“How pleasant to discover an educated man
within the guise of a lumpen security guard." --read on to see who I'm quoting here
I've loved Ken Lizzi,
a very buff yet erudite veteran, lawyer, and author, since his debut novel "Reunion"in 2014.
"Buff" might be an understatement:
source: ||poached from his Facebook wall||
No apologies, No regrets
Ken Lizzi's quest is to re-infuse pulp sensibility into fiction.
Portland, Oregon kenlizzi.net
Six years and four 5-star Ken Lizzi novels later,
I'm still following him on Twitter and Facebook and wherever else I can find him. His one-liners crack me up on social media. His action novels are witty and clever, intelligent and authentic--leagues above the usual thriller fare.
Lizzi's short stories are so awesome,
I can only urge you to go, go, go and devour "Glutton" - sci-fi horror at its best! - free to read online, and it's a quick, easy read, but riveting and unforgettable as well, and as lurid as something from @GuyTMartland.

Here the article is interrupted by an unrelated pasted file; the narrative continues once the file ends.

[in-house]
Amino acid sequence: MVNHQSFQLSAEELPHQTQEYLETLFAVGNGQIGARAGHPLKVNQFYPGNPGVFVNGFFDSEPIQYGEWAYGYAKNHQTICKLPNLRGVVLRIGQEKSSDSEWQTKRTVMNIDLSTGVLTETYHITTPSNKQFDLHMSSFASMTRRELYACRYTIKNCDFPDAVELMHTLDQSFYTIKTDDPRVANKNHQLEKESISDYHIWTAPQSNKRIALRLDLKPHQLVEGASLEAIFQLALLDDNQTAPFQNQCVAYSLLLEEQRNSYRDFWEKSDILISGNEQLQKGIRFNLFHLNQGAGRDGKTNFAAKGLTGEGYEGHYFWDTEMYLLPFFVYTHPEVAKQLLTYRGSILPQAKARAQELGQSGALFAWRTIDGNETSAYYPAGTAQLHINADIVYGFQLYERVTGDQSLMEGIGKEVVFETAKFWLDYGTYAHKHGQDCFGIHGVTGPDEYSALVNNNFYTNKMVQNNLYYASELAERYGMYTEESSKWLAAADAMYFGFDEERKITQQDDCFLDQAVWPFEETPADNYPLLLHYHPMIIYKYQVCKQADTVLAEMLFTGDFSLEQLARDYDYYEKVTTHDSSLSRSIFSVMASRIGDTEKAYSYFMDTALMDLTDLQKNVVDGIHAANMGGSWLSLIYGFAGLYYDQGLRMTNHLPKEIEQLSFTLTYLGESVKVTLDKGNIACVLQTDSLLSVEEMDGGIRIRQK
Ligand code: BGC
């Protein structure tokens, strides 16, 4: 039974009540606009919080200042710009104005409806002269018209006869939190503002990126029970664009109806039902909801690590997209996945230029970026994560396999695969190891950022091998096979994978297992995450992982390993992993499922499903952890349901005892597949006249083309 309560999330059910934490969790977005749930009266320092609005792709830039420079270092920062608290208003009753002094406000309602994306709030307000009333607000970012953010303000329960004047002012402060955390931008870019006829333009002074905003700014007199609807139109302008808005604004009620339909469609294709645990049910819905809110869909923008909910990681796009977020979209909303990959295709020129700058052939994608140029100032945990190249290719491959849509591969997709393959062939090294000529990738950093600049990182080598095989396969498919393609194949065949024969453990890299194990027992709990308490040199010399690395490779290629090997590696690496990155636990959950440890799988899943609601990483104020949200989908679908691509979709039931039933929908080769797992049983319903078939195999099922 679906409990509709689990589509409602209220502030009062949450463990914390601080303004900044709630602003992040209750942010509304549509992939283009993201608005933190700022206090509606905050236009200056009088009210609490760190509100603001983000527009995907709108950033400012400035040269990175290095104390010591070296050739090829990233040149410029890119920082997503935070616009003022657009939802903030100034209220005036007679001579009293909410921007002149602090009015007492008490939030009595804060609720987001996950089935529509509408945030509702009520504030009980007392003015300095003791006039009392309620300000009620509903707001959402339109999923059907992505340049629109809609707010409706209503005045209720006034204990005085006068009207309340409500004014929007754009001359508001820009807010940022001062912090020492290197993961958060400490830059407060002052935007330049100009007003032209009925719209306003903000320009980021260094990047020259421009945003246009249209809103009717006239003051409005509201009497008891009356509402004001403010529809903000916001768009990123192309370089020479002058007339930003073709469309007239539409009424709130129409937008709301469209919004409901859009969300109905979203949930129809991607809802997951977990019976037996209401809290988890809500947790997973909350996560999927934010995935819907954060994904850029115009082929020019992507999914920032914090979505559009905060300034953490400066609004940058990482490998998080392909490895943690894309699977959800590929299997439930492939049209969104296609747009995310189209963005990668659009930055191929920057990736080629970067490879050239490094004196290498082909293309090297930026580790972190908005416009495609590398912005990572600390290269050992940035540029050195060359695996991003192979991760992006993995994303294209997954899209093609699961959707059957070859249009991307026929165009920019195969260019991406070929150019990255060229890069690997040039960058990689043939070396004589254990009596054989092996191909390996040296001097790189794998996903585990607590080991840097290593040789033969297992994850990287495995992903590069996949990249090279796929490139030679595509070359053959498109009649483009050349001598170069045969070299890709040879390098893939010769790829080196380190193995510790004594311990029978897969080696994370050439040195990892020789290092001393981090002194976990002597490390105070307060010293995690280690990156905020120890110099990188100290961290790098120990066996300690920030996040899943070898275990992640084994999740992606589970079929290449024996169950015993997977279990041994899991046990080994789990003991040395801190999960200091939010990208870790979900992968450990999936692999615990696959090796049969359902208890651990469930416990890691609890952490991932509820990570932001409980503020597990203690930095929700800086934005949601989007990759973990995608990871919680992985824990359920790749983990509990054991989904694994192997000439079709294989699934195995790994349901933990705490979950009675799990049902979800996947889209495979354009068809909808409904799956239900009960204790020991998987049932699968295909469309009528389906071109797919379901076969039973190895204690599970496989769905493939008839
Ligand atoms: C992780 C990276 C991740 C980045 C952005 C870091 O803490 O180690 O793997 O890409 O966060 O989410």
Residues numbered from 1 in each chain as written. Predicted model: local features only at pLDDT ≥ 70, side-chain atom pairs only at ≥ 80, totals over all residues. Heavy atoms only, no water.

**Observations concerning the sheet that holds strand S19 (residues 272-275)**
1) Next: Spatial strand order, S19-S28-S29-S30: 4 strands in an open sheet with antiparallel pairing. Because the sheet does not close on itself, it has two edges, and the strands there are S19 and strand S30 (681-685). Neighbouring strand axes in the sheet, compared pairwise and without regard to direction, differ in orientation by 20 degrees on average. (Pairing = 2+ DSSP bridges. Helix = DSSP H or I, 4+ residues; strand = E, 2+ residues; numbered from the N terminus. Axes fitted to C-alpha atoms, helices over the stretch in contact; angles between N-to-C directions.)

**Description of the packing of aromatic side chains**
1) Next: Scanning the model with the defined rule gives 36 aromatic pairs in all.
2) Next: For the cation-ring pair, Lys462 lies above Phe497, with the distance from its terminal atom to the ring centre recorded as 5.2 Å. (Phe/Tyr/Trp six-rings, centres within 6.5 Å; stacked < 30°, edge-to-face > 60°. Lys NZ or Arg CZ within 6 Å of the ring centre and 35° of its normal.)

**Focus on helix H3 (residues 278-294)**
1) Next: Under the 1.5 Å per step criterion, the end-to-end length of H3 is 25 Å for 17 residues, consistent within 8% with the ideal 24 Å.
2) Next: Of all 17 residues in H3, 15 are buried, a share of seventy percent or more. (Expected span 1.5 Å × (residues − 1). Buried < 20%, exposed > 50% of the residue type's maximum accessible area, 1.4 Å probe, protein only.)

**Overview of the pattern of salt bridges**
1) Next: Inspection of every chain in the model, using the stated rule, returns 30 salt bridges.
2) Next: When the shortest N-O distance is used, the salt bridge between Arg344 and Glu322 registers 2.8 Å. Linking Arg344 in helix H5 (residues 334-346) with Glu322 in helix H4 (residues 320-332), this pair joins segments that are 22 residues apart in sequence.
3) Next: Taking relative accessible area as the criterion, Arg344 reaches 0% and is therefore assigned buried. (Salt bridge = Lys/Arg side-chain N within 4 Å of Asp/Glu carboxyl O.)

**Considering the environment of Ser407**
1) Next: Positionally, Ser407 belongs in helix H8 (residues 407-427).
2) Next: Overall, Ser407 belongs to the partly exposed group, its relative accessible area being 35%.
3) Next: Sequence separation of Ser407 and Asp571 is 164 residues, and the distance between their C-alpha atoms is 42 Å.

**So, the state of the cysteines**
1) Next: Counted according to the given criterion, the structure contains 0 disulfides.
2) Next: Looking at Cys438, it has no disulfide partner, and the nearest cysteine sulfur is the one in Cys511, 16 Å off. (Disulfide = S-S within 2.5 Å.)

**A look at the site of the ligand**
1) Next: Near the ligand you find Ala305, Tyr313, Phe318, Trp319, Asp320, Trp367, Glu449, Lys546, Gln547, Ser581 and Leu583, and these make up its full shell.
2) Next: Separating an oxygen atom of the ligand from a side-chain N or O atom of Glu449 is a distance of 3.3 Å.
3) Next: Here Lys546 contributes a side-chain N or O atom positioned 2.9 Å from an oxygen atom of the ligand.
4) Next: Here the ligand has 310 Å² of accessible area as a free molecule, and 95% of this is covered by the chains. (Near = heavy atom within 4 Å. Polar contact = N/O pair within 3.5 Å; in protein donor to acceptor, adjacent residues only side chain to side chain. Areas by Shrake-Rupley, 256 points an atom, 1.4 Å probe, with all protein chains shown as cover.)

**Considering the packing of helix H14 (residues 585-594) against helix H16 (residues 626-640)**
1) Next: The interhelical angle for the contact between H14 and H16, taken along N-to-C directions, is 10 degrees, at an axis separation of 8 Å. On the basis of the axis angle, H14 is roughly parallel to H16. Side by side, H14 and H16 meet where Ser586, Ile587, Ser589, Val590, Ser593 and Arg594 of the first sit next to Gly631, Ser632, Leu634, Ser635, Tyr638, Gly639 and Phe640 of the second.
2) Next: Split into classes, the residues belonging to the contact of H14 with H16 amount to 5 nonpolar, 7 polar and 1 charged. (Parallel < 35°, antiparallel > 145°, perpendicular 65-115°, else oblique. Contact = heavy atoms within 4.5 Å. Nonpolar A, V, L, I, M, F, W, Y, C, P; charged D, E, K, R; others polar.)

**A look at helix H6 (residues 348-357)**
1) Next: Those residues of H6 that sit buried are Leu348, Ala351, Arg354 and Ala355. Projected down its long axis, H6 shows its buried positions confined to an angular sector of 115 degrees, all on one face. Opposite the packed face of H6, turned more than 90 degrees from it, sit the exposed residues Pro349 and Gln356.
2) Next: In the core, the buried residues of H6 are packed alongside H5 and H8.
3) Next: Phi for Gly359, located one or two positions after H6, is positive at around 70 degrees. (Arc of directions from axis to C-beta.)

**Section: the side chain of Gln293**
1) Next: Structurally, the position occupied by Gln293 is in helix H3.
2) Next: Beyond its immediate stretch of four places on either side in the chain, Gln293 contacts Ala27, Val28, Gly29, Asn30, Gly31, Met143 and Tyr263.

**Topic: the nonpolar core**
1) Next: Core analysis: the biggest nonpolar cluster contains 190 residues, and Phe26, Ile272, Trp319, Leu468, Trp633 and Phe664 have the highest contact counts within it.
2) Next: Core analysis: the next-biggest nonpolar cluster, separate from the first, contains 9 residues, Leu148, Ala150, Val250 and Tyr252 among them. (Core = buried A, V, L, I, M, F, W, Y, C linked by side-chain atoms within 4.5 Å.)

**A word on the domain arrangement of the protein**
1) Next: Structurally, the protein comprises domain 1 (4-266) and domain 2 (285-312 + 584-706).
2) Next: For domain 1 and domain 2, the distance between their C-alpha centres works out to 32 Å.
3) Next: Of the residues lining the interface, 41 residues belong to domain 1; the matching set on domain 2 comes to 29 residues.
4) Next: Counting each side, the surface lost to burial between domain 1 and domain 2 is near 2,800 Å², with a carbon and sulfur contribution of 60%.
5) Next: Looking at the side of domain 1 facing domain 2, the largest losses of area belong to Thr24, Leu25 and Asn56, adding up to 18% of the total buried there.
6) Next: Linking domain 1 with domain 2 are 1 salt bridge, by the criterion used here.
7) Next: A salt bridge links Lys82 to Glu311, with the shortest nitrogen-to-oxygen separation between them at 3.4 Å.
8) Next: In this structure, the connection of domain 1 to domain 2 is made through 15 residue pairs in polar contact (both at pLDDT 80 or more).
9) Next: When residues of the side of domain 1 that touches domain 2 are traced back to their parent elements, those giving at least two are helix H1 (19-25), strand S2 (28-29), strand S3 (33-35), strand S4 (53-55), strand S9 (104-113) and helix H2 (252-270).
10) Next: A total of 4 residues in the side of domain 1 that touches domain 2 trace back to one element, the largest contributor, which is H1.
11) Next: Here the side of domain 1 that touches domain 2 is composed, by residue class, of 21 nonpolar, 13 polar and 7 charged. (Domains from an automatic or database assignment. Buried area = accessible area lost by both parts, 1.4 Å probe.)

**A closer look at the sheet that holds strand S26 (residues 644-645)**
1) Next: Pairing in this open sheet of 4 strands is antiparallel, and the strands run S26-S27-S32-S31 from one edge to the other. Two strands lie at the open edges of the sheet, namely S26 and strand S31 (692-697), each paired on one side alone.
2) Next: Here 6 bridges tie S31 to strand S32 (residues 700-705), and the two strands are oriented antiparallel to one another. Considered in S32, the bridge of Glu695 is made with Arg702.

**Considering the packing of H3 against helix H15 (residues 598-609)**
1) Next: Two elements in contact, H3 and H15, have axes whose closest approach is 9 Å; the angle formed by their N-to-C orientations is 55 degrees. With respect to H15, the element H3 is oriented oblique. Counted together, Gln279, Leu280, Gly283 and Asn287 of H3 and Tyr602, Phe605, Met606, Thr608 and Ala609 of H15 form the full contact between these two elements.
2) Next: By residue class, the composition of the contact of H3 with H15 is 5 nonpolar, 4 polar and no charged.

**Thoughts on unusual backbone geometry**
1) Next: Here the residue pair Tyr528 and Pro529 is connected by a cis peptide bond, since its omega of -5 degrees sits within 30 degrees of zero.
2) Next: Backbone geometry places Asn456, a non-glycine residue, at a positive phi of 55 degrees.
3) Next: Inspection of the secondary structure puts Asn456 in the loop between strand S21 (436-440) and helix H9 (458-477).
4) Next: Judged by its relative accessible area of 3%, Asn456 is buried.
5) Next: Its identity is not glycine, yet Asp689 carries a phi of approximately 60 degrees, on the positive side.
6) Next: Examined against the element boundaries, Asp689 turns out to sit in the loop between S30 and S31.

His latest novel--
--Well, I was about to say "Karl Thorson," but Lizzi is quick: I just read his latest "latest novel" this week.
Did he quit his day job? Is he a cyborg?
"Boss (aka Boss: Falchion's Company Book 1)" is now his most recent published novel, and the first in a trilogy. I'm currently beta-reading Book Two, "Captain," and Book Three, "Warlord." Meanwhile, Lizzi is writing the sequel to this awesome and incredibly smart and funny slasher/horror.... yes. I know. Carol aka Keangaroo never reads those genres. Unless someone in the league of Harvey Click, John L. Monk, E.E. Giorgi, Libby McGugan, or Ken Lizzi wrote it.
Hollywood needs to give us Ken Lizzi movies!
Back to Karl Thorson